Category: Systemic advocacy

Women’s and Newborns Hospital relocation – HCC advocating for consumer voices

In April 2023 the WA Minister for Health made a surprise announcement that the new Women’s and Newborns Hospital – previously planned to be on the QEII site alongside Sir Charles Gairdner Hospital – would be located in Murdoch, alongside the Fiona Stanley Hospital.

Despite being contacted at that time by a senior WA Health member to reassure us that there would be significant consumer involvement as this work unfolded, we then didn’t hear anything until we followed up in June. At that time it became clear that there had been no consumer input to this new decision. And none since the announcement in April.

We’ve since been in discussion with a group of consumers who have been very involved in early consultations who raised a number of concerns. We have raised these with the Minister for Health and senior WA Health staff. We also held a consumer event on 20 July to gather more views and raise people’s awareness of what we know.

This is the presentation we went through at that event

Image of a slide from a presentation. On left of the slide is a map of the Perth metro area with the journey between Osborne Park, KEMH, and Fiona Stanley Hospital outlined. The title is "Consumer conversation on the Women's and Newborns Hospital Plans"

230720 HCC Women’s Hospital update





We had a rich discussion at that event which has been fed back to the project team:

  • There are significant concerns about the apparent complete absence of any consumer involvement or input to inform this decision – it’s very disappointing that clinical engagement is well underway but there has been no engagement with consumers so far.
    • People were also concerned that it has not been possible to find out what clinical input there was to inform this decision. The conclusion being reached is that there wasn’t any. This is very concerning to consumers as it doesn’t give confidence that clinical concerns.
  • Significant concerns that the proposed position will mean significant infrastructure reforms to enable the gold standard of tri-location of maternity, neonates and adult services.
    • The options raised at the meeting included moving PCH to the FSH campus and upgrading OPH to ensure it has the additional clinical services necessary for high quality maternity care (and avoiding repeating the issues at KEMH being an isolated maternity hospital)
    • It wasn’t clear in our discussion how this work would be less disruptive than the original plan
  • The lack of consumer involvement in decisions about priorities for services to be located at QEII
    • We heard that there are plans to site a new UWA Medical School on the QEII campus as well as the planned Comprehensive Cancer Centre.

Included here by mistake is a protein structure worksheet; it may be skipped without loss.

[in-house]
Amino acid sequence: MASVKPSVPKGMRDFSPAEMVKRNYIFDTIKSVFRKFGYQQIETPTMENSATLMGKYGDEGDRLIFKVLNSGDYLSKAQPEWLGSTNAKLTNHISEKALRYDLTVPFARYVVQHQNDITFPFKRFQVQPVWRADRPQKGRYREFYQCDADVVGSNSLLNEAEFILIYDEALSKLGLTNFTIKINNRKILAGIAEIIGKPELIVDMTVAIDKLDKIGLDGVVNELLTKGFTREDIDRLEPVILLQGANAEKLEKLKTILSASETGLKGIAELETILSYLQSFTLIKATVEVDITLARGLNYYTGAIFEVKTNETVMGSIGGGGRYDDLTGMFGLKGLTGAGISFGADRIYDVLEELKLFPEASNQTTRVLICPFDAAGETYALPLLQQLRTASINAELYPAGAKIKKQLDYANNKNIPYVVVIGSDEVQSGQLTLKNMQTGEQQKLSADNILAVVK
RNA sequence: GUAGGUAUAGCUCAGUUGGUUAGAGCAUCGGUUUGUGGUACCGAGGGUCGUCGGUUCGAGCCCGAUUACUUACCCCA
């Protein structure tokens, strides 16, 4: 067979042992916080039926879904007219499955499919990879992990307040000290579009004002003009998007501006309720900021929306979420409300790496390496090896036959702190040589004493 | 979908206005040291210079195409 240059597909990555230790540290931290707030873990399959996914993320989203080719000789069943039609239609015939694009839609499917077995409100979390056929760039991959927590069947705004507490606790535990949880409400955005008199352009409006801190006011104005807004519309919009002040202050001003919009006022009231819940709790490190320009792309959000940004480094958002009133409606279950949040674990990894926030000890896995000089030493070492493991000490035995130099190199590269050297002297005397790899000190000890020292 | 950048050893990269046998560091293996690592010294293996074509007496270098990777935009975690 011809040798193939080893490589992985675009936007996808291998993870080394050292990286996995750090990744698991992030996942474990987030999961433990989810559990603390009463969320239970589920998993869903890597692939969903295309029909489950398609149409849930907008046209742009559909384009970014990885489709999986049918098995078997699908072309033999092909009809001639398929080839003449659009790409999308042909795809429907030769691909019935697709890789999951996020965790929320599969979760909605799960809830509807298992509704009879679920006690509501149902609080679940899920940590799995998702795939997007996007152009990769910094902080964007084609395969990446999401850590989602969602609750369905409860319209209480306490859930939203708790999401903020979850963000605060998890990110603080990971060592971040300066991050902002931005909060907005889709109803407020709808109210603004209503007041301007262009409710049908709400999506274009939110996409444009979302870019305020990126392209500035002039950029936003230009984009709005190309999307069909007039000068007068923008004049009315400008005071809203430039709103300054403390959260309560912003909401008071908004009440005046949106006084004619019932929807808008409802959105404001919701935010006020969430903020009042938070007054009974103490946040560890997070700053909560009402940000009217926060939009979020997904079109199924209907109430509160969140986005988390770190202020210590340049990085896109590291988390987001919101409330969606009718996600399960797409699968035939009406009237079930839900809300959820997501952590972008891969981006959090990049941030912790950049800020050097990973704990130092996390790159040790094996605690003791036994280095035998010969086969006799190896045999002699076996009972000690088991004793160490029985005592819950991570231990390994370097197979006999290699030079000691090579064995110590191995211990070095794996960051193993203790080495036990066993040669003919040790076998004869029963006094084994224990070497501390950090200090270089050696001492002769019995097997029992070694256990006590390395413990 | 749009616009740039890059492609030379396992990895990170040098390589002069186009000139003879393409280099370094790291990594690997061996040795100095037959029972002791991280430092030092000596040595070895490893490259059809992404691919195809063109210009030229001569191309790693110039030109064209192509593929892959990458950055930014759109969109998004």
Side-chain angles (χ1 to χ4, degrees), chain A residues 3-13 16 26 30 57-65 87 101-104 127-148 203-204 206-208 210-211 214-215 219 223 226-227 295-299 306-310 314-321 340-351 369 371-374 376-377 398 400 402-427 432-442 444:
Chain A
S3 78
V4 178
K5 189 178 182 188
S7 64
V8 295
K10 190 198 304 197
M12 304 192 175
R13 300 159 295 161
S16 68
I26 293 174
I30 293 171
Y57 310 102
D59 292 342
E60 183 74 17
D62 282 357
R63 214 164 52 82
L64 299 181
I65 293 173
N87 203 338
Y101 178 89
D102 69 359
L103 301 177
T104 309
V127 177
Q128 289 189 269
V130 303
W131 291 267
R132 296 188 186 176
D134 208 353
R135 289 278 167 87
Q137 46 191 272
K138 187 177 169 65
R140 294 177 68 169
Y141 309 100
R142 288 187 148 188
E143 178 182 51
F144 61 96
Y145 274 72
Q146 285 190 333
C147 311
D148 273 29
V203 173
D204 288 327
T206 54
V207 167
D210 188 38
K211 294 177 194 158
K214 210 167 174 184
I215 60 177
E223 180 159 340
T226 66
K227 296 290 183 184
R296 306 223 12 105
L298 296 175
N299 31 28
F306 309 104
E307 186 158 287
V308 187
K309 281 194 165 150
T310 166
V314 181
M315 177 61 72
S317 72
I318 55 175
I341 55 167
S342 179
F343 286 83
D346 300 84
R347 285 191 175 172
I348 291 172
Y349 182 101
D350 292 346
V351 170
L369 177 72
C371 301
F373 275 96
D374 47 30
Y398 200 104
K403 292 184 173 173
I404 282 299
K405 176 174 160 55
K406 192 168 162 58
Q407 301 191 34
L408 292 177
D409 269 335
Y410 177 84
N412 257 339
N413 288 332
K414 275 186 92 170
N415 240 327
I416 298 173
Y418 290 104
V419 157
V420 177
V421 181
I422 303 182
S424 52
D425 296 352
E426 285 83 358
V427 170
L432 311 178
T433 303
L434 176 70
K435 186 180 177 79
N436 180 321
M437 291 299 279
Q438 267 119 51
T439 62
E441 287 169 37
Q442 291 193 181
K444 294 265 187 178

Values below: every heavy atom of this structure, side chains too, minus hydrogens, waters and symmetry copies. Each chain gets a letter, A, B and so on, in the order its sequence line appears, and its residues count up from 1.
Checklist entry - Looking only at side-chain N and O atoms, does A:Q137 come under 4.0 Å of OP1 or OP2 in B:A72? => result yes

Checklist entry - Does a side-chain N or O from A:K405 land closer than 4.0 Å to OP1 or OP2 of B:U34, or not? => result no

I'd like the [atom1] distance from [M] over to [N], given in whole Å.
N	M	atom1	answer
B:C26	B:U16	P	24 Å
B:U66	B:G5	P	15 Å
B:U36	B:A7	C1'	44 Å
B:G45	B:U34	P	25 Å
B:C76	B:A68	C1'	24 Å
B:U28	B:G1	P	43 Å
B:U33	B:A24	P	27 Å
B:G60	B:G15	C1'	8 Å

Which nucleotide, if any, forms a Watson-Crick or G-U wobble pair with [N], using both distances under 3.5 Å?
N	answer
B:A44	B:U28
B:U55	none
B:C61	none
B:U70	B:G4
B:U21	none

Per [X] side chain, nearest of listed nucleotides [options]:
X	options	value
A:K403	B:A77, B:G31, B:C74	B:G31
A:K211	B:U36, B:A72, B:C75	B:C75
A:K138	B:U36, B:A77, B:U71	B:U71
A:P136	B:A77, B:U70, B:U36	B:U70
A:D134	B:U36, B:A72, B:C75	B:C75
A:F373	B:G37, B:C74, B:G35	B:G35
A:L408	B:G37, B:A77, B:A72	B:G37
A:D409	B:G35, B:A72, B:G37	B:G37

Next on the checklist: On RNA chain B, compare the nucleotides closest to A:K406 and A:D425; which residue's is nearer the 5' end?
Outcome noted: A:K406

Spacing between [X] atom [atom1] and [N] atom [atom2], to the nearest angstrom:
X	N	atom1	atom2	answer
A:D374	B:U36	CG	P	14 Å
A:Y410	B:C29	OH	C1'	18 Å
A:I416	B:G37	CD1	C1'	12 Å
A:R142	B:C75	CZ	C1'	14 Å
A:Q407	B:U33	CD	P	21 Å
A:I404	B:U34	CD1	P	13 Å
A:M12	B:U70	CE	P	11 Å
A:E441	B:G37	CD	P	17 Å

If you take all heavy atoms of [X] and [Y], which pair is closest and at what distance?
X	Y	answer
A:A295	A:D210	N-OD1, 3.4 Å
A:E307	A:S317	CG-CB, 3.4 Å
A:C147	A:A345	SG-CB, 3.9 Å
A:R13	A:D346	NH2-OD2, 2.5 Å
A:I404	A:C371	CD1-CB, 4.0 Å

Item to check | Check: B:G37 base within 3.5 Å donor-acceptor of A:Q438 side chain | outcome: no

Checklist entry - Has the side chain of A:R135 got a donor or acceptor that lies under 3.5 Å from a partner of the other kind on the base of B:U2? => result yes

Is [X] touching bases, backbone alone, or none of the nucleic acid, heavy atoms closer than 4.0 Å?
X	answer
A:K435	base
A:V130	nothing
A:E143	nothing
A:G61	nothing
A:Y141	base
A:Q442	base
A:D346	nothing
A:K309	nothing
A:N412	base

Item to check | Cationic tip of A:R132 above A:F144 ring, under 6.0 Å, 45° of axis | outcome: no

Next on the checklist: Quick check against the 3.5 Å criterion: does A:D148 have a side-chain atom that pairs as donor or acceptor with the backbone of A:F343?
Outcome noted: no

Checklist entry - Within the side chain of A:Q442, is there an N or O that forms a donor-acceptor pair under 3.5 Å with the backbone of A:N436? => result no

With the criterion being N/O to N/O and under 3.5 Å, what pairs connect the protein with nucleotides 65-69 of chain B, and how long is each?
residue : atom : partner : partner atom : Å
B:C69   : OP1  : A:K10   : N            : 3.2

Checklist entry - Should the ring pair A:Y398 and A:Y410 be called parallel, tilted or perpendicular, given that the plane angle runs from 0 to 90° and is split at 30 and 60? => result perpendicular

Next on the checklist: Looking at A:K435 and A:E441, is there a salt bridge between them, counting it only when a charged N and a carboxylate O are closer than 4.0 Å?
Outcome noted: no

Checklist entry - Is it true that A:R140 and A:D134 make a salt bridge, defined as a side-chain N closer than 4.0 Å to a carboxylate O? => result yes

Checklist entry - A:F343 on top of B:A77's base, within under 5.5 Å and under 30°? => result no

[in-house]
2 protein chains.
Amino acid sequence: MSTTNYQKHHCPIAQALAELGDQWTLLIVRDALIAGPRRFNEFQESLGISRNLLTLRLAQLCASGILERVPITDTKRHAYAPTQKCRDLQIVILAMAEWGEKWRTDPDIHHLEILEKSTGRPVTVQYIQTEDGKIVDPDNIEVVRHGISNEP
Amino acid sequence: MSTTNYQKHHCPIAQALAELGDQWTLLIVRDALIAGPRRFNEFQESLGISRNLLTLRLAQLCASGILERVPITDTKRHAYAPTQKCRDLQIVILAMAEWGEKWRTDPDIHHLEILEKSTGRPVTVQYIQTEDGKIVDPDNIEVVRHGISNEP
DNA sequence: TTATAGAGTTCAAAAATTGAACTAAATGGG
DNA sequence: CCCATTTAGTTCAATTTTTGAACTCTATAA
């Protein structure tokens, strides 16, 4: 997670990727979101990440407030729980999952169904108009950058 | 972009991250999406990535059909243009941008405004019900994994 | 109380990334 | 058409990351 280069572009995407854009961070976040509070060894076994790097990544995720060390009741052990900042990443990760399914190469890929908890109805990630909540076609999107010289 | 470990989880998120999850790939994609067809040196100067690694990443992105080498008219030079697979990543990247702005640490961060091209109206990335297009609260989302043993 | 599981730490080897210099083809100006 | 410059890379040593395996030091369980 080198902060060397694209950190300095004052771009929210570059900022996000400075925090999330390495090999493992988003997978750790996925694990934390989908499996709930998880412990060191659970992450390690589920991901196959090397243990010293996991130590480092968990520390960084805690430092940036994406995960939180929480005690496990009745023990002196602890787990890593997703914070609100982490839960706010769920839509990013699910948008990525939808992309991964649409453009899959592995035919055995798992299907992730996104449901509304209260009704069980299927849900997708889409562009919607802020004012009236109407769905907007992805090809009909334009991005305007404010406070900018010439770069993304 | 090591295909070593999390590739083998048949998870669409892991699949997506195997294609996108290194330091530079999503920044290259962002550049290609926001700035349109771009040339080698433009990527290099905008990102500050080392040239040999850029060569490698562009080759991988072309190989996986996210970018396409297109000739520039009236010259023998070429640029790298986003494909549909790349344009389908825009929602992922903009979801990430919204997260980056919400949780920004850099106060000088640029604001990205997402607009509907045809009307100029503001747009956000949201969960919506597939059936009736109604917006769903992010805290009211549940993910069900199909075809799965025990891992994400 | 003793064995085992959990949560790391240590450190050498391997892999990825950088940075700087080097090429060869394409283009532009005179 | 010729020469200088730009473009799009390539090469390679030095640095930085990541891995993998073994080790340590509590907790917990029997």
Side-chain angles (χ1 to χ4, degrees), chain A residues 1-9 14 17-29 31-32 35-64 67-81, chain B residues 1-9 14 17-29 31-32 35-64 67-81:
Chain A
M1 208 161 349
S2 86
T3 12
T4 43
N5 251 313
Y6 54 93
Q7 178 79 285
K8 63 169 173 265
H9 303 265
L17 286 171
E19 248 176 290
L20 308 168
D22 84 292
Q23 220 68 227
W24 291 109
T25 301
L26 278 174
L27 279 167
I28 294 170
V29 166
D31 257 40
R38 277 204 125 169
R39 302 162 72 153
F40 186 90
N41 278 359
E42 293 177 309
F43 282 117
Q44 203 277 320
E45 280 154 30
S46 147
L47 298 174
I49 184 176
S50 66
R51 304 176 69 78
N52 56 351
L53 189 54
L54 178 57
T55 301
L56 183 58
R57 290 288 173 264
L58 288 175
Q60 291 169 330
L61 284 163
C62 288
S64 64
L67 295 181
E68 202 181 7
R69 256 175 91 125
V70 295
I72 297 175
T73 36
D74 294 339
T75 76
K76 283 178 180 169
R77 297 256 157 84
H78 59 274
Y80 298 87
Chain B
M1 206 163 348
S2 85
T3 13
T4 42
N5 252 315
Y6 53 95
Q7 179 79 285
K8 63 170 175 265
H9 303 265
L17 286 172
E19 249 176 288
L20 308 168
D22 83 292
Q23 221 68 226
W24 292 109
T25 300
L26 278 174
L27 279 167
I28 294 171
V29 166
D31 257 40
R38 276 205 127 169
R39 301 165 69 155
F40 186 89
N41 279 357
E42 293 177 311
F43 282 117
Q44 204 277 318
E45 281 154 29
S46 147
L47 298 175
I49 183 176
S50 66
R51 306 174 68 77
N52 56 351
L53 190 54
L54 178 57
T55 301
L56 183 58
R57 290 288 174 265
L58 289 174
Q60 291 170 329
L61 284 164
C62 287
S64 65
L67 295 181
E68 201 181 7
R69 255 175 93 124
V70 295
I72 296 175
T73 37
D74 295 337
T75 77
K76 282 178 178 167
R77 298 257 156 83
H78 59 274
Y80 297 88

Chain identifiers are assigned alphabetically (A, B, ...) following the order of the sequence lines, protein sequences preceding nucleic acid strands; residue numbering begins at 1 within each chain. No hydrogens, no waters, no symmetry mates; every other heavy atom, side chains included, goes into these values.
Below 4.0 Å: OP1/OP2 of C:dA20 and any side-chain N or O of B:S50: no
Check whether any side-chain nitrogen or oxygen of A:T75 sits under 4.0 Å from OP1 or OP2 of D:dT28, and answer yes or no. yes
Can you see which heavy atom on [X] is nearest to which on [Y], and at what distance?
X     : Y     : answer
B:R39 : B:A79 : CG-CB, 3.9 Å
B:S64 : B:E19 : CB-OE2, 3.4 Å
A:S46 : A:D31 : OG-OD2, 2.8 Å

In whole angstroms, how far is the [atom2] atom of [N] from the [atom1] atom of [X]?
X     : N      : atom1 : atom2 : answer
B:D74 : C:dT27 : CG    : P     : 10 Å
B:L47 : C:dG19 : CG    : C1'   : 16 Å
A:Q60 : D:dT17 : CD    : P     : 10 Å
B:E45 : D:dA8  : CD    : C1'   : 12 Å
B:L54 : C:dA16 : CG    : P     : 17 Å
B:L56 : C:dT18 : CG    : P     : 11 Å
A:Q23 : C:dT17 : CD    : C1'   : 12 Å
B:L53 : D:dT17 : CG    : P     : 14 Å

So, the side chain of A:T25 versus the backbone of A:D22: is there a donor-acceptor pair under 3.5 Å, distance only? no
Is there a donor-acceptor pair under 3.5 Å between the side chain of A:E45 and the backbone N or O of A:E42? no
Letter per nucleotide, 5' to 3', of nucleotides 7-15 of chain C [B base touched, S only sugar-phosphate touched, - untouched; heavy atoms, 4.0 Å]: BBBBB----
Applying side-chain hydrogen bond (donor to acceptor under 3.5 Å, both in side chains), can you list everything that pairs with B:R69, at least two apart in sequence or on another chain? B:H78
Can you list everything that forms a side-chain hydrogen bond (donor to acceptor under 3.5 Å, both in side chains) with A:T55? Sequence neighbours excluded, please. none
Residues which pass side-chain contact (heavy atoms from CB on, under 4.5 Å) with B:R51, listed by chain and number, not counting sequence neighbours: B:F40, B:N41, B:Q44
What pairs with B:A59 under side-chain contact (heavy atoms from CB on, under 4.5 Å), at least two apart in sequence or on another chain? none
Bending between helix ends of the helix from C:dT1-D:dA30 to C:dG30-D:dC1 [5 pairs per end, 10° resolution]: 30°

• There was a sense that while these are obviously important, the rationale for prioritising their position on the QEII campus over enable tri-location of services was not clear.
  • The lack of information about the plan for the 40 or so babies needing surgery within hours of birth.
  • Concerns about the risks to infant and parent mental health – and the associated long-term impact of early childhood trauma – for families needing access to neonate surgery

Separate to the meeting, we also received one consumer comment that they were supportive of improved access by public transport to the FSH site, particularly for people with disabilities.

Overall, there was general recognition that there is no immediately obvious “easy” solution to this issue. There was considerable frustration that it hasn’t been considered important to have consumer perspectives involved to help to identify the issues and be part of the solution generation.

The hospital project team are keen to seek broad consumer input. HCC will be facilitating a small group discussion in early September to explore what real engagement with consumers going forward could look like. Later there will be another discussion with consumers to discuss the implications of the planned move to this new location.

If you would like to be kept informed about this work, contact Jasmina Brankovich, HCC’s Policy and Systemic Advocacy Lead at

Clare Mullen, August 2023

Advocating for consumer perspectives through committees

One of the ways Health Consumers’ Council advocates at a systemwide level for consumer perspectives in health is by participating in a range of committees – these are some of the committees staff were involved in between January and June 2023. If you’d like more information about any of these, please reach out to

  • Clinical Governance Advisory Committee – Prison Health
  • Clinical Senate and Clinical Senate Executive
  • Curtin School of Allied Health Advisory Board
  • Electronic Medical Record Clinical Leadership Group
  • Emergency Access Reform Project Control Group
  • EMHS Weight Management Clinic Project Reference Group
  • Enrolled Nurses Industry Advisory Committee
  • Family and Domestic Violence Committee
  • First Responders Forum
  • Health Networks Leads Forum
  • Healthy Habits Reference Group
  • HIV Case Management Advisory Panel
  • IGR: Mental Health Governance Review
  • My Baby WA Steering Committee
  • Obesity Collective Leaders Forum (national)
  • Outpatient Reform Steering Committee
  • Safety and Quality Strategy Executive Working Group
  • SHR 4 Co-Leads
  • SHR 4 Steering Committee
  • SHR Partnership Group
  • SHR Program Board meeting
  • SHR Rec 4 Partnership Suite Working Group
  • State Health Operations Centre Steering Committee
  • State Peak Consumer Organisation Forum
  • WA Aged Care Collaboration Group
  • WA State Oral Health Advisory Committee
  • WACOSS Peaks Forum
  • WELL Co Clinical Advisory Committee
  • WELL Co Steering Committee

Updated by Clare Mullen, August 2023